A high case of déjà vu is going around in the streets of Philly right now. The Eagles, loaded with big-name talent just like a year ago, are failing miserably to live up to expectations once again. Currently standing at 3-5 on the season, they are not only fighting to stay alive in a highly competitive playoff race, but also to save their head coach’s, and possibly their quarterback’s, job.
Andy Reid, having been on the hot seat for quite some time now, will almost certainly be relieved of his duties should the Eagles continue their underwhelming play. As for Michael Vick, he is in the second year of a hefty five-year, $80 million contract, but he is expendable despite all that money; the Eagles can buy out his contract at the end of the season for just $3 million. Vick is playing to maintain his starting role on a week-to-week basis and could be replaced by promising rookie Nick Foles at any time.
But if the Eagles can pull off a significant winning streak, all will be forgotten. And with the schedule easing up for the remainder of the season (27-40 is the combined record of their remaining opponents), this is completely doable. But we all know—the Eagles especially—that actions speak louder than words. If the Eagles want to become the team people envisioned them to be, significant improvements need to be made in several areas.
Surprisingly, Michael Vick has been healthy enough to play in every game this season, but health hasn’t translated into success. Turnovers have been the main issue this season, as he has been intercepted nine times, and fumbled three balls that were recovered by the other team. His passer rating (77.7) and his completion percentage (58.3%) are his lowest as a starter since 2006, when he was with the Atlanta Falcons. Vick’s efficiency and decision-making need to be better if the Eagles wish to improve upon their abysmal 16.6 points per game, good for 29th in the NFL.
While Vick has played poorly, he does not deserve all of the blame. Generally, quarterback play goes hand-in-hand with the offensive line play. This year, the Eagles are clearly missing star tackle Jason Peters, who is out for the year with a ruptured Achilles tendon. The line has given up 27 sacks this season (fourth-most in the NFL), compared to 32 in all of 2011. The Eagles average 4.5 yards per rush attempt, down from 5.1 yards last season. More sacks, and less production running the ball is a great recipe for a lower point total. The team desperately needs players such as newly acquired Demetress Bell, and former first-round pick Danny Watkins to step up their level of play in order to see an increase in the point column.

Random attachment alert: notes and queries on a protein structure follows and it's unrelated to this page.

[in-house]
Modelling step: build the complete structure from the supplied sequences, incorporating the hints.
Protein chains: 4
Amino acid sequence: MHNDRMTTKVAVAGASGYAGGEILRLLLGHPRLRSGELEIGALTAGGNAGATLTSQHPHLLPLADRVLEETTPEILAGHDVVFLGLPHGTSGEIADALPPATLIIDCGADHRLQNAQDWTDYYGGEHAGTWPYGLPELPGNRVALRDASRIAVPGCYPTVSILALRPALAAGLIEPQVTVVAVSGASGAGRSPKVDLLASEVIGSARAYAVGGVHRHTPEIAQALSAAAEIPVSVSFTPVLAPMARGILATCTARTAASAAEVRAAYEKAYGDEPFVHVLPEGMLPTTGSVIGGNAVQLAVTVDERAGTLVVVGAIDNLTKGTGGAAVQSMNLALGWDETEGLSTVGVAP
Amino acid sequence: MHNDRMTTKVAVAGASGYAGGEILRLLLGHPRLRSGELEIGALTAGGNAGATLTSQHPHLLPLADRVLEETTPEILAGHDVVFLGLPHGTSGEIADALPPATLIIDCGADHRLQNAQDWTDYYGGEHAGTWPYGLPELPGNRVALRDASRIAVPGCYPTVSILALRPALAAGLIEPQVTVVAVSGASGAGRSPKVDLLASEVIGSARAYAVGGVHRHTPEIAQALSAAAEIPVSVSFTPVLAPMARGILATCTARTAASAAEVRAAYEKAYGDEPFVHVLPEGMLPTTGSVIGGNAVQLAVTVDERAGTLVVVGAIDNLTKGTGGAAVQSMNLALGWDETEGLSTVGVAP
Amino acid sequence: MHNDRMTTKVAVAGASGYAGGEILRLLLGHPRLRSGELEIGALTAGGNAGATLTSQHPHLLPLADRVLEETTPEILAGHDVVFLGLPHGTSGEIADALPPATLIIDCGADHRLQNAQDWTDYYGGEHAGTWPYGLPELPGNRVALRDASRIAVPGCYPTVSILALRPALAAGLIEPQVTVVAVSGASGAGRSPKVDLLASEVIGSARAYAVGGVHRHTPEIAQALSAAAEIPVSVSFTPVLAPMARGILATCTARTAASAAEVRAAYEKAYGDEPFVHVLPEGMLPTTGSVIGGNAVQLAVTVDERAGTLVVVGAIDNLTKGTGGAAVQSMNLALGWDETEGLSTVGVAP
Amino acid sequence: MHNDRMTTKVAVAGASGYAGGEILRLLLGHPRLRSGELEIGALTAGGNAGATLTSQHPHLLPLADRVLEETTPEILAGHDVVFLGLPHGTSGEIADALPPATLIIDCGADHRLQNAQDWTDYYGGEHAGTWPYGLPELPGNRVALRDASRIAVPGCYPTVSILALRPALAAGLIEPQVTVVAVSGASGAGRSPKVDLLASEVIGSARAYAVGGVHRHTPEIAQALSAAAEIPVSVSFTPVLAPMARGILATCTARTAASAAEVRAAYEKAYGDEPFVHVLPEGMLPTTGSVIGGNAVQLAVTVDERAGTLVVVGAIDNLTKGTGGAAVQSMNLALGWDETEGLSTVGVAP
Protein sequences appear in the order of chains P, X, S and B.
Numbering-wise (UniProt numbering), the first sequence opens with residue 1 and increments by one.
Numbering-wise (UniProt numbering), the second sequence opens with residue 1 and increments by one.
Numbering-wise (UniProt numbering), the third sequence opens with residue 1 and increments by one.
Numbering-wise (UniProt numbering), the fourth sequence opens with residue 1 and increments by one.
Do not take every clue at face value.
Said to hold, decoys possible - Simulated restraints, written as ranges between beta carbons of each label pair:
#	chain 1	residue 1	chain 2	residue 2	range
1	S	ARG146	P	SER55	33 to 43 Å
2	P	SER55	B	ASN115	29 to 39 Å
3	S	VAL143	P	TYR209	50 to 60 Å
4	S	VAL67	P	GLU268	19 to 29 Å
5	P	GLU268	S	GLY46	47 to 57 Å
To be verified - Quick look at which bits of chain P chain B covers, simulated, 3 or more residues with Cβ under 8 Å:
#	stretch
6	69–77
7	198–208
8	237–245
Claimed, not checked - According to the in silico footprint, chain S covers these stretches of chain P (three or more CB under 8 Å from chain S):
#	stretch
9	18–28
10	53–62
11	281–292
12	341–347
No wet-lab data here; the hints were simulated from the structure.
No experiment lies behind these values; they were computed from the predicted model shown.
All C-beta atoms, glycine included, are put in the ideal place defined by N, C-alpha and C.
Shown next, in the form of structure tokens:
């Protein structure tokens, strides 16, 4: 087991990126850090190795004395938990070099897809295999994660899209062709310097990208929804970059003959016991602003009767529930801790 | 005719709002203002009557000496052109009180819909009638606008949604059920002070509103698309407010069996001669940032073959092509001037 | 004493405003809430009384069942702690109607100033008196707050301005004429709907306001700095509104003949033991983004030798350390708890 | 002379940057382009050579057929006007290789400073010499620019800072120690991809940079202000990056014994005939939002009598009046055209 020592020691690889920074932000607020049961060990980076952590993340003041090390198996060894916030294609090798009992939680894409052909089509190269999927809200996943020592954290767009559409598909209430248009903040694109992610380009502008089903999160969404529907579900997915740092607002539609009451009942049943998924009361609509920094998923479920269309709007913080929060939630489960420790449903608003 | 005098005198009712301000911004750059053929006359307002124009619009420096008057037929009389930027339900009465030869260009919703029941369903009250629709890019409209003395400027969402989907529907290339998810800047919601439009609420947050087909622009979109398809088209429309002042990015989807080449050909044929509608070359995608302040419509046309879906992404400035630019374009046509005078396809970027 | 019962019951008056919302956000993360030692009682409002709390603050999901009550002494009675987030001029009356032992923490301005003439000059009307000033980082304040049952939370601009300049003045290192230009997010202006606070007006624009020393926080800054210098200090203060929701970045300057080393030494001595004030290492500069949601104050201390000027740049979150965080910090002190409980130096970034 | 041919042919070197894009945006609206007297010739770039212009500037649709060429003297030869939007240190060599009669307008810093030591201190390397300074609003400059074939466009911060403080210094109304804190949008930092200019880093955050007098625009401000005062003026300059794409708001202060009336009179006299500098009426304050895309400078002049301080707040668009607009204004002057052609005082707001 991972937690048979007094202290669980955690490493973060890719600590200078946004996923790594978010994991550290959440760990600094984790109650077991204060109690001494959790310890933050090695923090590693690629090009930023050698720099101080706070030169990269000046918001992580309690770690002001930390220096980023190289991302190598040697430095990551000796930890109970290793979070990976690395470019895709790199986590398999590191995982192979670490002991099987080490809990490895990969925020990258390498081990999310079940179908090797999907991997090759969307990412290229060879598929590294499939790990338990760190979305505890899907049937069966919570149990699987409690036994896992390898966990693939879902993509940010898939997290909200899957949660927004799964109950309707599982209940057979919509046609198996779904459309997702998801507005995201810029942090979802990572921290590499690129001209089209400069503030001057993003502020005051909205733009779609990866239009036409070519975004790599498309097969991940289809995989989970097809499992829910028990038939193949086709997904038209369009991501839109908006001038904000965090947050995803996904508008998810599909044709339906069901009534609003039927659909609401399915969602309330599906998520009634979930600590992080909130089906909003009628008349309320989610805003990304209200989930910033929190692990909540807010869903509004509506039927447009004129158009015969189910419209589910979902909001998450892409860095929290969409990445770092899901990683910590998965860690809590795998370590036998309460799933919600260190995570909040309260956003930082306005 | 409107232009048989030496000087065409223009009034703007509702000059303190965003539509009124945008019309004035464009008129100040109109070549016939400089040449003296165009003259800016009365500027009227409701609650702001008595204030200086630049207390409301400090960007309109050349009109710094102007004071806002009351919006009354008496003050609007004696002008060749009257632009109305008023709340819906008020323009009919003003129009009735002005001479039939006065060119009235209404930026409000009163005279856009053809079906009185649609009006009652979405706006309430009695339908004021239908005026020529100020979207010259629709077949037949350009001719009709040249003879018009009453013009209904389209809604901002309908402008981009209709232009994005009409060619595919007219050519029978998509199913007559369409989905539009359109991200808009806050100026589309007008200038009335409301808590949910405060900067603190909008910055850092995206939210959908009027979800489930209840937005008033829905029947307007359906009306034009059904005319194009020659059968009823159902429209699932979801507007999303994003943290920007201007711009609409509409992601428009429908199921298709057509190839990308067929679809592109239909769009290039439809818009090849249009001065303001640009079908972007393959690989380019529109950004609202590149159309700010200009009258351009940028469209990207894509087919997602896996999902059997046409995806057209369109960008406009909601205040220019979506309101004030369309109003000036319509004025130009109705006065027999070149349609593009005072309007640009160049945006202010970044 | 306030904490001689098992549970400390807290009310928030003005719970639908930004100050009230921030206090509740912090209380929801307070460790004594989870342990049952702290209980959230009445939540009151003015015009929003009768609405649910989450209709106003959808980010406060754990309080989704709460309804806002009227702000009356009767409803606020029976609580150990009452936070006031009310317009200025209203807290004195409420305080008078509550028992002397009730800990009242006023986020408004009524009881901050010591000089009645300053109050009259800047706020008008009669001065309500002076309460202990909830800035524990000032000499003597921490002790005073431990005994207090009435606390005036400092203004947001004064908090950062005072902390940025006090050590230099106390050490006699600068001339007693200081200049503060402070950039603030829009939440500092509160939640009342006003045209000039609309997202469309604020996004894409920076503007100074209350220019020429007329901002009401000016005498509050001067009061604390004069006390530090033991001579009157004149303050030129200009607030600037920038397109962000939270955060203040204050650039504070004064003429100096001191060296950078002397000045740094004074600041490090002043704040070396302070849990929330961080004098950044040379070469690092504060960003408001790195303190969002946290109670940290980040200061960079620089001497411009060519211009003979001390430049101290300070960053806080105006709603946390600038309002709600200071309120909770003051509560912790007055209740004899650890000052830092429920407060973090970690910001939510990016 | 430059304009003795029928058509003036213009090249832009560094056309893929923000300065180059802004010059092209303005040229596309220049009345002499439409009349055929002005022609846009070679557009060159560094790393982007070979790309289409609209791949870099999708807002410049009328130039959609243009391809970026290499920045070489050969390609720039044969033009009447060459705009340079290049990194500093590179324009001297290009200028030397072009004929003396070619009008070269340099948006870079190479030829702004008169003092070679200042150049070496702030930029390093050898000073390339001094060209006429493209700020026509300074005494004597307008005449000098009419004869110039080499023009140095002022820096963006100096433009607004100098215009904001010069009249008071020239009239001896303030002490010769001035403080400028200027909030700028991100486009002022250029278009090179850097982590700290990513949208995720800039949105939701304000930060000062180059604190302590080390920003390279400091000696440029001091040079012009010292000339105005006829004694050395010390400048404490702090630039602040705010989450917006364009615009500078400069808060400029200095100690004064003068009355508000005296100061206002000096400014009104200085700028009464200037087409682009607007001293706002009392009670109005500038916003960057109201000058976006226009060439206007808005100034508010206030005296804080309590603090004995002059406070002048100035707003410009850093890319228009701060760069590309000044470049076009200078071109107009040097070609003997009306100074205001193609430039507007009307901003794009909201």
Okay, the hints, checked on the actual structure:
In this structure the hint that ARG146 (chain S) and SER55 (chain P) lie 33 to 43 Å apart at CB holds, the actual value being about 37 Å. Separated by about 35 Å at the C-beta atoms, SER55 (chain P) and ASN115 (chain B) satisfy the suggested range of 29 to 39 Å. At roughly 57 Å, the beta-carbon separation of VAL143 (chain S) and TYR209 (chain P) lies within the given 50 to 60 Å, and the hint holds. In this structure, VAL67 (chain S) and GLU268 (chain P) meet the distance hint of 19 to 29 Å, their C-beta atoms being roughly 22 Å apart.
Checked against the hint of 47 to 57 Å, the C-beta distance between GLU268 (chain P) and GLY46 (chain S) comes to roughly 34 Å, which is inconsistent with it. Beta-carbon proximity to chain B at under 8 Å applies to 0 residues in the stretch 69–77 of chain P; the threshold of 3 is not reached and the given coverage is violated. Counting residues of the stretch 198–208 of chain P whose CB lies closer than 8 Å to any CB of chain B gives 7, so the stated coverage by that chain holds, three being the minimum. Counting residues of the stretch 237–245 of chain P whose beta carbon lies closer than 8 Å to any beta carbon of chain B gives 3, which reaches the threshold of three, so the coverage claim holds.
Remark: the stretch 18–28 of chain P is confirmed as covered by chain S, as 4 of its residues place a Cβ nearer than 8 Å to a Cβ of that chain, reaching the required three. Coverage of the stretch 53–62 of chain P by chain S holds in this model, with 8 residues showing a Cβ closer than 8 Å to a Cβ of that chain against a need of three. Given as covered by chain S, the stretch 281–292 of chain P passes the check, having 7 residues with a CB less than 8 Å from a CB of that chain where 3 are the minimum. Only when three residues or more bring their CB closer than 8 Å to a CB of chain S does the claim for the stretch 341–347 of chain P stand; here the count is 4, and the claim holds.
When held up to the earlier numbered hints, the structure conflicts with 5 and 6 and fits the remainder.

The defense is where the Eagles really expected dominance. With superstar cornerback Nnamdi Asomugha, as well as high-quality players Jason Babin, Cullen Jenkins, DeMeco Ryans and Dominique Rodgers-Cromartie joining the team, it was not hard to imagine the Eagles becoming one of the best defenses in the NFL, if not the best. They were predicted to boast an elite secondary and pass rush; a nearly unstoppable combination. Well, we have come to see that is not the case.
The defensive line is filled with talent, led by edge rushers Trent Cole and Jason Babin. But this season they have been largely ineffective, having contributed a mere five sacks to the team’s 11 total; a dismal number. Pressuring the quarterback is the most important part of a strong defense, so naturally the Eagles’ pass-rushing woes have been the main reason for the poor play. With those two players coming off the edge, as well as Cullen Jenkins and first-round pick Fletcher Cox playing the tackle spots, they should be having no trouble achieving outside and inside pressure. Because of the defensive line’s plethora of talent, it allows several players to consistently have one-on-one opportunities, but so far they simply have not been taking advantage.
The Eagles’ season is not over by any means, but if they want to start becoming serious about making the playoffs, then the level of urgency needs to increase. No one player is going to make this happen; it has to be a collective effort on both sides of the ball. These talented and, for the most part, heavily paid players need to put their egos aside, or this could be a completely different team in 2013.
By SEAN AVELLINI ’16